Tuesday, October 9, 2012

Why Does God Let People Suffer?

How can a benevolent God include pain in the universe He has created? This question has led many to doubt in a higher authority. David Hume argued for an uncaring universe in his essay Why Does God Let People Suffer? His position, essentially, is that because of the pain in the world there cannot be a benevolent God. Hume’s view of God and benevolence are false as it lacks understanding of the God it attacks. I'm not saying that you will have all the answers after this, or even that I'm completely right, but here are some thoughts from a bearded theologian. 

What brings a person more pleasure: service and praise from an inanimate object that experiences no pain and has no choice to do differently, or a creation that despite hardships, chooses to serve and praise anyway? Any being with the slightest emotional depth will choose the latter over the former. So God finds His greatest joy in His human creations, man and woman, whom he calls “very good” because of one thing: their ability to choose Him. This is a debated topic, as many do not consider themselves to be complete agents of “free will”. There is no doubt that significant scholarship supports this opposing view. Granted there is strong scriptural and philosophical support for both sides, the idea of God’s complete joy is the reason this paper argues for humans having free will. This single factor plays heavily into the concept of a benevolent God that also allows suffering.

Why does God need praise? He is the most high and ultimate being in the universe and made the very universe over which He reigns. We applaud great accomplishment and no other being has done so much as to deserve it. God is furthermore just. Every society has some standard by which it assesses its inhabitants. We are drawn towards justice, because a just God created us. God commands praise, but gives humankind the choice to do so. There are clear cases in scripture where God must punish those who go against His will, because He is just. This is not to say that He is not a God of grace and mercy, for He possesses those attributes as well, but He is most assuredly a God of justice. Humankind often fails at administering this dual system of justice and grace, because we have fallen and are very inadequate compared to an Almighty and Infinite God. Our failures in life need not be projected onto God, however. The idea of justice need not be the explanation for pain and suffering. For if this were the reason, then one would be quick to call God cruel and uncaring, which is not at all the case. It is important though to understand that God’s justice is very real and something to be desired; but it is not always well received, especially when it is being self-directed. Humankind needs direction at times, even to the point of correction.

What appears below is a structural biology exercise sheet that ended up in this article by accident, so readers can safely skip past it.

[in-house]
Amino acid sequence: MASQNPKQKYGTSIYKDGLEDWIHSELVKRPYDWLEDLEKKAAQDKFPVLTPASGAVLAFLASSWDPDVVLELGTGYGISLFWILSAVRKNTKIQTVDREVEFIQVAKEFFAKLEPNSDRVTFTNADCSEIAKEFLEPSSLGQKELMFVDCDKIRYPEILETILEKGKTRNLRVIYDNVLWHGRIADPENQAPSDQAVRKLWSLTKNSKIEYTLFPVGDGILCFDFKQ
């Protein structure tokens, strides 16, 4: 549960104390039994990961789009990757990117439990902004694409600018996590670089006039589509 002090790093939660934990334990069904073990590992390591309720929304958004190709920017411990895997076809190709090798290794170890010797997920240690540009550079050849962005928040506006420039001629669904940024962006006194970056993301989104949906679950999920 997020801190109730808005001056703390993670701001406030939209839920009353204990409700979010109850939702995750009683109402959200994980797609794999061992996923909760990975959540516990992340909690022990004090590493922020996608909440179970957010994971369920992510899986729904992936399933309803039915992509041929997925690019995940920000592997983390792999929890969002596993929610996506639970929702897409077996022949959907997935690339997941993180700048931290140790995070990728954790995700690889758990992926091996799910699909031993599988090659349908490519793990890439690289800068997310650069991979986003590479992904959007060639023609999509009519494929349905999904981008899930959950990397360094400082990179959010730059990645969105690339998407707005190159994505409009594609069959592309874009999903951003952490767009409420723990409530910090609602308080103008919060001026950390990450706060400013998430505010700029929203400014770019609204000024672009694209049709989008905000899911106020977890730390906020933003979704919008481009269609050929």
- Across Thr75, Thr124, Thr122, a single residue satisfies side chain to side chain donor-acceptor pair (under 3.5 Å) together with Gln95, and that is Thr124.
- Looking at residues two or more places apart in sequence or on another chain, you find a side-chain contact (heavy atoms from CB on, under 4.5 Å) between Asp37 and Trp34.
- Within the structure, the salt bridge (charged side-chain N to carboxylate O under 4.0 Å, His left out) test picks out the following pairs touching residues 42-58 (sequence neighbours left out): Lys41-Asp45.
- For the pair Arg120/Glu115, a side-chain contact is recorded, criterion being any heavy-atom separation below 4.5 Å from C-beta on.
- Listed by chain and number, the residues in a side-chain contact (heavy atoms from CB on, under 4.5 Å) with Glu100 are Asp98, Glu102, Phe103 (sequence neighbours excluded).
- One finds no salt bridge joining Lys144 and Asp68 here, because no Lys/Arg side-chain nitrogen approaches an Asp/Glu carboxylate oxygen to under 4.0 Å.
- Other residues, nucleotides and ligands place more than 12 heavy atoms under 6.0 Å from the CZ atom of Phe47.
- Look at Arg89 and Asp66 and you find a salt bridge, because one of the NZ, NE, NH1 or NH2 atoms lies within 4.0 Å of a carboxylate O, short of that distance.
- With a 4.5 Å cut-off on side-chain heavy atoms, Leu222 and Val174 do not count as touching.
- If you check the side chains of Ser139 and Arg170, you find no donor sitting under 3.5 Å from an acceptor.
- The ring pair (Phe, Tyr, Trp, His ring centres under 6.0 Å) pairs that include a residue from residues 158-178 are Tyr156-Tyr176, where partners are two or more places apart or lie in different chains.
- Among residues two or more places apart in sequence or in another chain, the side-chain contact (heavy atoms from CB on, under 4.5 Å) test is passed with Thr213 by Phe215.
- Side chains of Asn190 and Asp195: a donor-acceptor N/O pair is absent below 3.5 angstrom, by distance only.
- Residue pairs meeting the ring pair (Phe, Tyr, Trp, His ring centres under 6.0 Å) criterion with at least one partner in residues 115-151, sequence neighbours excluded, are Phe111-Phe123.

One might ask why God would use pain and not some varying degrees of pleasure to direct us, as Hume does. Perception is everything in the idea of correction. A person might say that he or she is starving, but this feeling does not at all compare to the hunger felt by those in a much poorer culture or simply down the road sleeping under a bridge. Another person might say they feel cold, when really that person is simply feeling less warmth than another person. In reality, cold is the complete lack of heat. No person has ever felt the complete lack of heat, only less heat than on other occasions. With these examples in mind, one can think of certain degrees of pain he/she have felt. Hypothetically, in a world where complete comfort is the norm, anything less than that is considered uncomfortable. In a world of lush, leather recliners, a wooden chair would be considered torture. Give that wooden chair to a person who has been in a prison made of stone, however, and the prisoner sits in complete luxury. In the land of the blind, the one-eyed person is king.